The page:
Powers relating to the energy markets remain reserved to the UK Government—I wish that Jackie Baillie had borne that in mind when she made her attack on the SNP and Green Government. Therefore, the UK Government must act urgently to address the crisis. The Cabinet Secretary for Net Zero, Energy and Transport and the Cabinet Secretary for Social Justice, Housing and Local Government have written more than once to the UK Government to reiterate the need for urgent action and has offered a series of proposals to support energy consumers, including targeted direct support. We await a response from the UK Government over and above what it has said today.
The tax levers to help hard-pressed households are also reserved to the UK Government. They include the power to vary VAT rates on consumer bills in the short term. I am sorry to hear that the UK Government appears to have ruled that out today as well, despite the fact that Boris Johnson said that Brexit would give him the opportunity to cut VAT rates. The rates that apply to the provision of energy-efficient materials and the retrofitting of buildings could also be cut, which would contribute to long-term bills being reduced. The Scottish Government has called for action on that and continues to do so, including urging the UK Government to reconsider the decision not to reduce VAT on energy bills.
For our part, the Scottish Government is very committed to supporting people in Scotland, especially those who are on low incomes. We are already using all powers and resources available to us to support people in Scotland, including through energy efficiency investment, Home Energy Scotland advice, support on housing costs, welfare, debt advice services, the child winter heating assistance, the money talk team service, which is now up and running, and support to address food insecurity.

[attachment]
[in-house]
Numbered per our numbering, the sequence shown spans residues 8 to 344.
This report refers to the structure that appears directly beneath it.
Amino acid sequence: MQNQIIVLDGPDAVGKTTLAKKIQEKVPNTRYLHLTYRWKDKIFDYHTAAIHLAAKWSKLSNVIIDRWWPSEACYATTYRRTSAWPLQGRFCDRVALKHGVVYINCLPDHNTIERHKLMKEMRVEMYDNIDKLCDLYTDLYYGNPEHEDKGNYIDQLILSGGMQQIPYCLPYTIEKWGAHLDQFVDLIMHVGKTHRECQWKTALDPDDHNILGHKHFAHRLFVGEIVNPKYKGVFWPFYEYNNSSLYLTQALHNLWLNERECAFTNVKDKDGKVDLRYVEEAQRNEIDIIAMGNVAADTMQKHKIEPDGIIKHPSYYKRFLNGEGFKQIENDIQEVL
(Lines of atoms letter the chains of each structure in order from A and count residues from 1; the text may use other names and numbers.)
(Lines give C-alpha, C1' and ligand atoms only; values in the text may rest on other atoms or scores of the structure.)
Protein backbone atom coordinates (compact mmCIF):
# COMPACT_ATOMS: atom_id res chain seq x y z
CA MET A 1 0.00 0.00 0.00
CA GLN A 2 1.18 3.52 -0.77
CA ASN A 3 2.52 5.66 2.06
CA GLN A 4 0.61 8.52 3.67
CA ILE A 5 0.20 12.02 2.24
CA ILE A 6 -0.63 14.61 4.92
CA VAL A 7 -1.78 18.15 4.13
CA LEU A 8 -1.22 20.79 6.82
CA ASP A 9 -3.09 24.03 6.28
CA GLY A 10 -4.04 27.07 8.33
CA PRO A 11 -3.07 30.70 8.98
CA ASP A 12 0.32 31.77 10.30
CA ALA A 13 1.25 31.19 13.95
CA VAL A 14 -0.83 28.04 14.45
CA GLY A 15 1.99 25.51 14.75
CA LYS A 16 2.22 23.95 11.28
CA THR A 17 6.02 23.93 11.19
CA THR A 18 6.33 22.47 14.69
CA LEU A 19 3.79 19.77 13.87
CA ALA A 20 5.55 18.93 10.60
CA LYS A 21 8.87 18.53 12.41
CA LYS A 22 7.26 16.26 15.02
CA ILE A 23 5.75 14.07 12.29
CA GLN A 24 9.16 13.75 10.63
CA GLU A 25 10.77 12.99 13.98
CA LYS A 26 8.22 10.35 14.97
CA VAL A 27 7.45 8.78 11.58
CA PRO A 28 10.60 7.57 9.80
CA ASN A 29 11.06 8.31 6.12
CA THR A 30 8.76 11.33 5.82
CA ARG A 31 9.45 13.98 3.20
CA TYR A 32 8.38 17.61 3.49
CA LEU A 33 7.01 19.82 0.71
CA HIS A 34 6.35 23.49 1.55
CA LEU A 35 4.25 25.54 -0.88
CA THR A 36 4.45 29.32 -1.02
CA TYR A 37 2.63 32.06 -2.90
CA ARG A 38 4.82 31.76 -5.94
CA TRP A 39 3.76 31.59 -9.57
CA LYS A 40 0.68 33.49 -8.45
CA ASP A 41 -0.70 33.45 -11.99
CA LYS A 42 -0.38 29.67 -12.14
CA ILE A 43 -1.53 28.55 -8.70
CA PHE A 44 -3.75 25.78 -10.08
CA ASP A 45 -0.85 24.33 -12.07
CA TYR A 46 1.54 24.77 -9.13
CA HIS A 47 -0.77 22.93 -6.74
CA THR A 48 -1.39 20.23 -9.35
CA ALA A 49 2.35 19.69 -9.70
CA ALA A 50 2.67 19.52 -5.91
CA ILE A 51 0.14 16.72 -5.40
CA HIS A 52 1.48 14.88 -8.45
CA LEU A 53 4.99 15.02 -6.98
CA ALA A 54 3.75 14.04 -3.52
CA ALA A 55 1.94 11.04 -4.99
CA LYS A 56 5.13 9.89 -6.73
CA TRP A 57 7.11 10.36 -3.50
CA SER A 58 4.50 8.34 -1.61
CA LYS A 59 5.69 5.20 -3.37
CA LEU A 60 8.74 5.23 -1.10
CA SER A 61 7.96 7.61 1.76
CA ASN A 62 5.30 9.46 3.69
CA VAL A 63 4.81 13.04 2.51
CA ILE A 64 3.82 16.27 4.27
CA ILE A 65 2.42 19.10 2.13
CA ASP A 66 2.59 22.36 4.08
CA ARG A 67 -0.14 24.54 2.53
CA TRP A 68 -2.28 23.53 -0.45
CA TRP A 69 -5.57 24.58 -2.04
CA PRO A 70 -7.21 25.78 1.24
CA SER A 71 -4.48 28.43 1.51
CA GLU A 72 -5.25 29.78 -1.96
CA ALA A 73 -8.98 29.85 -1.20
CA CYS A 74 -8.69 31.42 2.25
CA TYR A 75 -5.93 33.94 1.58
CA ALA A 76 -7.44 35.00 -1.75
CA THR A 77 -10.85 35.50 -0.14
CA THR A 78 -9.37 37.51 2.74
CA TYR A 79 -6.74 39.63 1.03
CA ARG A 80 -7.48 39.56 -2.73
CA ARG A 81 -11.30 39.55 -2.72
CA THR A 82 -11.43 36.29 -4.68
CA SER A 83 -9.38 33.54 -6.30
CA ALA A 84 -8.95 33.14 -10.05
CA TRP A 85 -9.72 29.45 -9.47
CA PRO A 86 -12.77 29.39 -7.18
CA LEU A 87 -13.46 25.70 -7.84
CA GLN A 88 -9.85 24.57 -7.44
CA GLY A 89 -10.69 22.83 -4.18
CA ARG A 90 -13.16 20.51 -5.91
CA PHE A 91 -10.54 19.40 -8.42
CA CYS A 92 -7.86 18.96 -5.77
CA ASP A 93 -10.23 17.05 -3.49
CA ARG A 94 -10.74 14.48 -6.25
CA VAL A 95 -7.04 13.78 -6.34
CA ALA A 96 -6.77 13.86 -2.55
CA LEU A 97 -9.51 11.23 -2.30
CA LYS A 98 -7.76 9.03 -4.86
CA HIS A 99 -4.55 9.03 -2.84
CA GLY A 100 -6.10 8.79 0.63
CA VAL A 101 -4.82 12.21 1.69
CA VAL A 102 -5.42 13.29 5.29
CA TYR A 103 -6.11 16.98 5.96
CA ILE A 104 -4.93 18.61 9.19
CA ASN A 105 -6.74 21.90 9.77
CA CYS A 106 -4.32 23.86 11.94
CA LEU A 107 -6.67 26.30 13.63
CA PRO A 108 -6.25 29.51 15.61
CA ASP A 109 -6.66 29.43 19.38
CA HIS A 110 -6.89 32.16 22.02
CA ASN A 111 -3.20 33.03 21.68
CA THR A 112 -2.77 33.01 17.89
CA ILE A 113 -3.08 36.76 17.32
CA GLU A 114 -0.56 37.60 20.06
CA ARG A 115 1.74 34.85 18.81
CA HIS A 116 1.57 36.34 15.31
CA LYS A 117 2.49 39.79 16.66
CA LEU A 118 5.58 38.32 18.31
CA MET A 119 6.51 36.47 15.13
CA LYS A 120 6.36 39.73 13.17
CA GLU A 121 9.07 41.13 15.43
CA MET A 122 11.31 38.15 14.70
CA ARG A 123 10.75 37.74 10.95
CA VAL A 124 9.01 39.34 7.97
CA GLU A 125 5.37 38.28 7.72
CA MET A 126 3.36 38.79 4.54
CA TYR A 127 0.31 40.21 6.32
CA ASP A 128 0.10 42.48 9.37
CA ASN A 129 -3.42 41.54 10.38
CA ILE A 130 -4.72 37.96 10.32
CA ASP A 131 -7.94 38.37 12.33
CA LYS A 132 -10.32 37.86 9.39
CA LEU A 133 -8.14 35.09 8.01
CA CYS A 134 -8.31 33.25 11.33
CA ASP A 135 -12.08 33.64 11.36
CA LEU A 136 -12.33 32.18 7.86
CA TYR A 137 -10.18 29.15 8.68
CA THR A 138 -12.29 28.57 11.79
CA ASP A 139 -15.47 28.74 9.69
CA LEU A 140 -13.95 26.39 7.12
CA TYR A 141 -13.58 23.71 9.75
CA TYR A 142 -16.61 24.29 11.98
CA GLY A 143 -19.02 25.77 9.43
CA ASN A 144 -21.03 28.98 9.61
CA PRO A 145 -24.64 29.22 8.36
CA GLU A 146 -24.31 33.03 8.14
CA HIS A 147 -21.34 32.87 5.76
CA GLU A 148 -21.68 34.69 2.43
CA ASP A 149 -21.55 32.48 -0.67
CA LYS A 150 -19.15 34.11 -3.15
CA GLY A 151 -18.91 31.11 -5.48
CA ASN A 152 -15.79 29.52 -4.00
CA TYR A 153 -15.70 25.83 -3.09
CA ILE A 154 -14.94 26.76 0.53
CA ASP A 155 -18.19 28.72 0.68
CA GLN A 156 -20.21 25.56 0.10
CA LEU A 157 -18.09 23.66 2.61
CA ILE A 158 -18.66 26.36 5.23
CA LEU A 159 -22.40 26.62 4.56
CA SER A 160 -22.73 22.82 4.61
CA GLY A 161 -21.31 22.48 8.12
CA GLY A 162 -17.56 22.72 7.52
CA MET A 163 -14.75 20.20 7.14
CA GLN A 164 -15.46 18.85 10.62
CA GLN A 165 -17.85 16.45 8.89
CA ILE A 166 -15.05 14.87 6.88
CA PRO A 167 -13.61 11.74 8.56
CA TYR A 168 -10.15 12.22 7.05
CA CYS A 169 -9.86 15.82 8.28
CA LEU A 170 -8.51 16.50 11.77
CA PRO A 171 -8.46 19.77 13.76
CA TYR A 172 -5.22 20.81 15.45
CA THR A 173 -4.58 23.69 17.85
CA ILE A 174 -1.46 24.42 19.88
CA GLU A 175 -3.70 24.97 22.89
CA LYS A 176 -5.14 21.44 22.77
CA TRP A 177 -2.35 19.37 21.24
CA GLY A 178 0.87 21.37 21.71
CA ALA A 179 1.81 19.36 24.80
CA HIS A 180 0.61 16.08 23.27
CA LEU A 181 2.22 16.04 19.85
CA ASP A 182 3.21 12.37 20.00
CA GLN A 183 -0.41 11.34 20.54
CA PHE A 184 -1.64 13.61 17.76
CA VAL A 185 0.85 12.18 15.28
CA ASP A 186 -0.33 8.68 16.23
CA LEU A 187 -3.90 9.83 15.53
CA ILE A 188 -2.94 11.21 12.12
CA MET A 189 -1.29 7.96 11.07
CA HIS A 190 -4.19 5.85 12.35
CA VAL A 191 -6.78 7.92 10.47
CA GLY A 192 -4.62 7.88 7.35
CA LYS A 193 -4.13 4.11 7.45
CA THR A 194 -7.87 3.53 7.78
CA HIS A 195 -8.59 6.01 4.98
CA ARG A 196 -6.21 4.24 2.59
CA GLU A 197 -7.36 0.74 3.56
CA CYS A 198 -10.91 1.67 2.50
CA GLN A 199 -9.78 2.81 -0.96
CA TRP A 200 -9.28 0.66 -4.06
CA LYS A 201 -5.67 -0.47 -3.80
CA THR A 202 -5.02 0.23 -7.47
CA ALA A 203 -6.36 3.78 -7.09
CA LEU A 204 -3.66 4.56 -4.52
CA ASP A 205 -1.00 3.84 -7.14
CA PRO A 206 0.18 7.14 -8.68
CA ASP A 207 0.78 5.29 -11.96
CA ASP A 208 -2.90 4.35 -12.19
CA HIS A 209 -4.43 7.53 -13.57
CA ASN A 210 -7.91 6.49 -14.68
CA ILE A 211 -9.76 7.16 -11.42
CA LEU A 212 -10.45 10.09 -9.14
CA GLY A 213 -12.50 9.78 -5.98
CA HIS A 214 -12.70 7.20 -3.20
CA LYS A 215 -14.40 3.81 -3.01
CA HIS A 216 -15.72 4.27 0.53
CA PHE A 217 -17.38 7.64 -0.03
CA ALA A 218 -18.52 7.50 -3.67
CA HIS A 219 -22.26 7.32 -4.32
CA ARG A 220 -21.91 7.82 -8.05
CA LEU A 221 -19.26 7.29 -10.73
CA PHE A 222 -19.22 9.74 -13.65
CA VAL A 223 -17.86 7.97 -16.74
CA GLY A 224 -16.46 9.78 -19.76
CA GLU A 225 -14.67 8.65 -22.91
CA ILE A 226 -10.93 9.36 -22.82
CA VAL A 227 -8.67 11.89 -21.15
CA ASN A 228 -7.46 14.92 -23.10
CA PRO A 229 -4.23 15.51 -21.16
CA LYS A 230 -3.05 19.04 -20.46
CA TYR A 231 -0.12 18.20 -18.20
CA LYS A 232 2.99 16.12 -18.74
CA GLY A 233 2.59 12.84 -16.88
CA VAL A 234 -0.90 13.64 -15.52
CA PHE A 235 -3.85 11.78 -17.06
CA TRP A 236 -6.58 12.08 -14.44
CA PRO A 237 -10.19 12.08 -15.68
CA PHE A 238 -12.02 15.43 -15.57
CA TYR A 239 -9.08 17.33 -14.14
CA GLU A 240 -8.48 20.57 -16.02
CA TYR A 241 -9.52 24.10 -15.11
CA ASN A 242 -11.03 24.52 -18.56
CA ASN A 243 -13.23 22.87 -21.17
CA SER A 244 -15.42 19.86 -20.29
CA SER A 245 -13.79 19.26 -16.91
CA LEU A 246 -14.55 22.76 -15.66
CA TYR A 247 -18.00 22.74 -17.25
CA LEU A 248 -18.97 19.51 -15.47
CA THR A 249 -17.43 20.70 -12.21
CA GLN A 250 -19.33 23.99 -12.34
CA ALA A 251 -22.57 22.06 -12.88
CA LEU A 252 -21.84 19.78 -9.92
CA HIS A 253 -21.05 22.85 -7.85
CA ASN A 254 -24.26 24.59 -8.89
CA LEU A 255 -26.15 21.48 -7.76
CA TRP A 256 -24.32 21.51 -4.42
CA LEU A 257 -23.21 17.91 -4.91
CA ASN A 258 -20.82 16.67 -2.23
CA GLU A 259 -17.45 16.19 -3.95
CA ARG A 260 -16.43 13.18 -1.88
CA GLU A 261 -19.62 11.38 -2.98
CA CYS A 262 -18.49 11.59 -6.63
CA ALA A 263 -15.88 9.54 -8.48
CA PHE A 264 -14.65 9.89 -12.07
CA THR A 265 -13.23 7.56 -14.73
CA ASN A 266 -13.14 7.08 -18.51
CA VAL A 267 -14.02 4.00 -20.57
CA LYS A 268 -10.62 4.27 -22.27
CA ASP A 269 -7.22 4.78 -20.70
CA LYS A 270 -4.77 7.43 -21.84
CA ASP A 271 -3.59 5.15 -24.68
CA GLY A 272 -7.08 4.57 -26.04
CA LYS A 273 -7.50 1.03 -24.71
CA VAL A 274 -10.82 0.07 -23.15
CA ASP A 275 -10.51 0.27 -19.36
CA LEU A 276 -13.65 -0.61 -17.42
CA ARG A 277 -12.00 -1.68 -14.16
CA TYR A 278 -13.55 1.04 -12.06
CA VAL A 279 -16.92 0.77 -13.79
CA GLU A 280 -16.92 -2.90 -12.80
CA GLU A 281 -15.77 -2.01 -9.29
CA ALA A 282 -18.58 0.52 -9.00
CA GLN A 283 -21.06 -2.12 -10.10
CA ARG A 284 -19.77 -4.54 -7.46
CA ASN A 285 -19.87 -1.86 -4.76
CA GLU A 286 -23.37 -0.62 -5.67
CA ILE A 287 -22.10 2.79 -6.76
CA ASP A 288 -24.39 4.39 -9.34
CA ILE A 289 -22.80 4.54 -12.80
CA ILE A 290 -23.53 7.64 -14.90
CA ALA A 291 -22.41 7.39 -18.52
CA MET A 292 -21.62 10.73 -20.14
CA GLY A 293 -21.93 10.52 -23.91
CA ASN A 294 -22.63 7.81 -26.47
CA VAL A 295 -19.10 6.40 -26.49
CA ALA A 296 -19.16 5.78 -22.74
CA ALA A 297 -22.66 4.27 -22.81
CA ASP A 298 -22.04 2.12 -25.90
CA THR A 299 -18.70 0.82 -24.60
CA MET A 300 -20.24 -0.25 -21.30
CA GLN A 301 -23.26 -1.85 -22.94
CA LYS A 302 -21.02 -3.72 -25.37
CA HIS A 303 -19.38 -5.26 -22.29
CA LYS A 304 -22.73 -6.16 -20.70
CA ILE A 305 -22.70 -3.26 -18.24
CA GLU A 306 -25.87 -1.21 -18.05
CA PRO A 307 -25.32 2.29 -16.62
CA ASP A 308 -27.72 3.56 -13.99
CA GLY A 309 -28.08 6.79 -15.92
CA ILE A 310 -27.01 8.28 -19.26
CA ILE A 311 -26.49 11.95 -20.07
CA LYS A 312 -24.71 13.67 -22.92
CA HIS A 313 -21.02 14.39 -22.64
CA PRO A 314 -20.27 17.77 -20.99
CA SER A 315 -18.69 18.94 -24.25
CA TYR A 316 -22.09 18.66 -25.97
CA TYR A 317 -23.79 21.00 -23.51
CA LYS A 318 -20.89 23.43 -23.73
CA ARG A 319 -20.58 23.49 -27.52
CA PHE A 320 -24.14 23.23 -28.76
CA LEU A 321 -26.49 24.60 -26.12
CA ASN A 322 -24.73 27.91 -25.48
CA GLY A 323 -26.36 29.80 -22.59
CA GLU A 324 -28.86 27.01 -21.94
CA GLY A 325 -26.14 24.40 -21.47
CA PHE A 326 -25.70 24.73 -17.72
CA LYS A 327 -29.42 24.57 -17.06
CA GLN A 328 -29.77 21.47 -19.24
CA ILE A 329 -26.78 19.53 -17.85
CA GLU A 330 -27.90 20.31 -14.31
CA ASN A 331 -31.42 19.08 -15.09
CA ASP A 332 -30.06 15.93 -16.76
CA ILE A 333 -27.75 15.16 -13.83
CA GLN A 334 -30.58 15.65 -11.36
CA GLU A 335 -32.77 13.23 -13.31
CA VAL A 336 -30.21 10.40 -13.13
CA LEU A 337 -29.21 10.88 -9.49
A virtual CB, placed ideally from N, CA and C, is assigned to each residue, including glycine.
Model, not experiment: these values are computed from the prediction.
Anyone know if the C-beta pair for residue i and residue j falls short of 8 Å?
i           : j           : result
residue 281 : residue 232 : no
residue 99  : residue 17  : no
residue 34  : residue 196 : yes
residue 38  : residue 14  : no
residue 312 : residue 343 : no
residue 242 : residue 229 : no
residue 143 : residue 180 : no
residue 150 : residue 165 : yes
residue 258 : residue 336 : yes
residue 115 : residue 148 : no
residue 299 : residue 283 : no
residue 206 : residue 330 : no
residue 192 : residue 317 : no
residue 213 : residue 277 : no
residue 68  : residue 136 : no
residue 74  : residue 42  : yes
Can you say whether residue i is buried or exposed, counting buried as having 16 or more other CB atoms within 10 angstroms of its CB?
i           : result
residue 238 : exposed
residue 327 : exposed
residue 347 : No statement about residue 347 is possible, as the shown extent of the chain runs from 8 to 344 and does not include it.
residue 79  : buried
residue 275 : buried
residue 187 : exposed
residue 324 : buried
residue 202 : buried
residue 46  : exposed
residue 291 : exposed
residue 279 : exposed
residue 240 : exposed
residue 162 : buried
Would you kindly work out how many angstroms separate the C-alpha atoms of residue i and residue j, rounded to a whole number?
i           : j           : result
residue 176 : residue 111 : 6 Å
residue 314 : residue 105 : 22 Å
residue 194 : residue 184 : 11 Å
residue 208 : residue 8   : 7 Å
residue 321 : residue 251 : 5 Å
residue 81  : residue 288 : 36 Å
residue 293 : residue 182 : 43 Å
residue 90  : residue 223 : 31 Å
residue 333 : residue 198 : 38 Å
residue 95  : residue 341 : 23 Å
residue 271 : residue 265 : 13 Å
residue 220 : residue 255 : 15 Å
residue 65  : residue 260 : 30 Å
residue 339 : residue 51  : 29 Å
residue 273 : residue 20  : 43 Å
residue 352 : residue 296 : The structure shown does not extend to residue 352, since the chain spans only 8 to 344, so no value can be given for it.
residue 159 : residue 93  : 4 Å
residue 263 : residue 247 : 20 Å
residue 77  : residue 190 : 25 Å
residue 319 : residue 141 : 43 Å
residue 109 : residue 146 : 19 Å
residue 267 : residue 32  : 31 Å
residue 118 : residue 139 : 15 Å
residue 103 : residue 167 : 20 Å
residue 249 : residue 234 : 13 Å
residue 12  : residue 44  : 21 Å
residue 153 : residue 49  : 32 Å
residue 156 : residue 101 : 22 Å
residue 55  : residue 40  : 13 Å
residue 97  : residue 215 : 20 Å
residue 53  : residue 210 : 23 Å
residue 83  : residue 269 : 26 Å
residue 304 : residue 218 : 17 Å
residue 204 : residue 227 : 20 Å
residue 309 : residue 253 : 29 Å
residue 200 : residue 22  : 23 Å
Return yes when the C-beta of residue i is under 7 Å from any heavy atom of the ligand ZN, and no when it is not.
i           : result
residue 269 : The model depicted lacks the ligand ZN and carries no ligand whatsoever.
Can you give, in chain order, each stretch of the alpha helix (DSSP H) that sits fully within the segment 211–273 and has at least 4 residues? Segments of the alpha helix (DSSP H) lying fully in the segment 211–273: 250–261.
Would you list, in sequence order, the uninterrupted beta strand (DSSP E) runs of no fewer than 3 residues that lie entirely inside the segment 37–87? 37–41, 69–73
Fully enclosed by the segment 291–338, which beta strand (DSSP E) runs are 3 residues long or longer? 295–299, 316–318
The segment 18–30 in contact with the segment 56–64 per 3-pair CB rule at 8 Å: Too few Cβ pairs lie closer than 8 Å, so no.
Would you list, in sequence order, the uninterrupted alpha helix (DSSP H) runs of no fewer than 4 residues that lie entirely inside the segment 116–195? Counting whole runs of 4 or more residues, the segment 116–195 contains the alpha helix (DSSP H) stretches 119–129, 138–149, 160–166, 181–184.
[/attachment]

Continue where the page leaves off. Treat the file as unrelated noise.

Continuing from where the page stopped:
The minister says that the Scottish Government is doing what it can, but a number of issues have been raised, including by Citizens Advice Scotland, on the Government’s proposed fuel poverty strategy. CAS has said that the strategy does not go far enough and does not put enough money in people’s pockets. Support such as the child winter heating assistance is available only to some families with disabled children and not others. Will the Government address the poverty that those families experience by addressing the eligibility for that assistance?
On fuel poverty, in November, we put in place a £41 million winter support fund to ease the strain on low-income households. That includes £10 million of funding that is available to help people who are struggling with heating costs this winter. Our council tax reduction scheme currently supports more than 470,000 households. In addition, by doubling the Scottish child payment to £20 per week, we anticipate lifting 40,000 children out of poverty from the 430,000 who are eligible for support.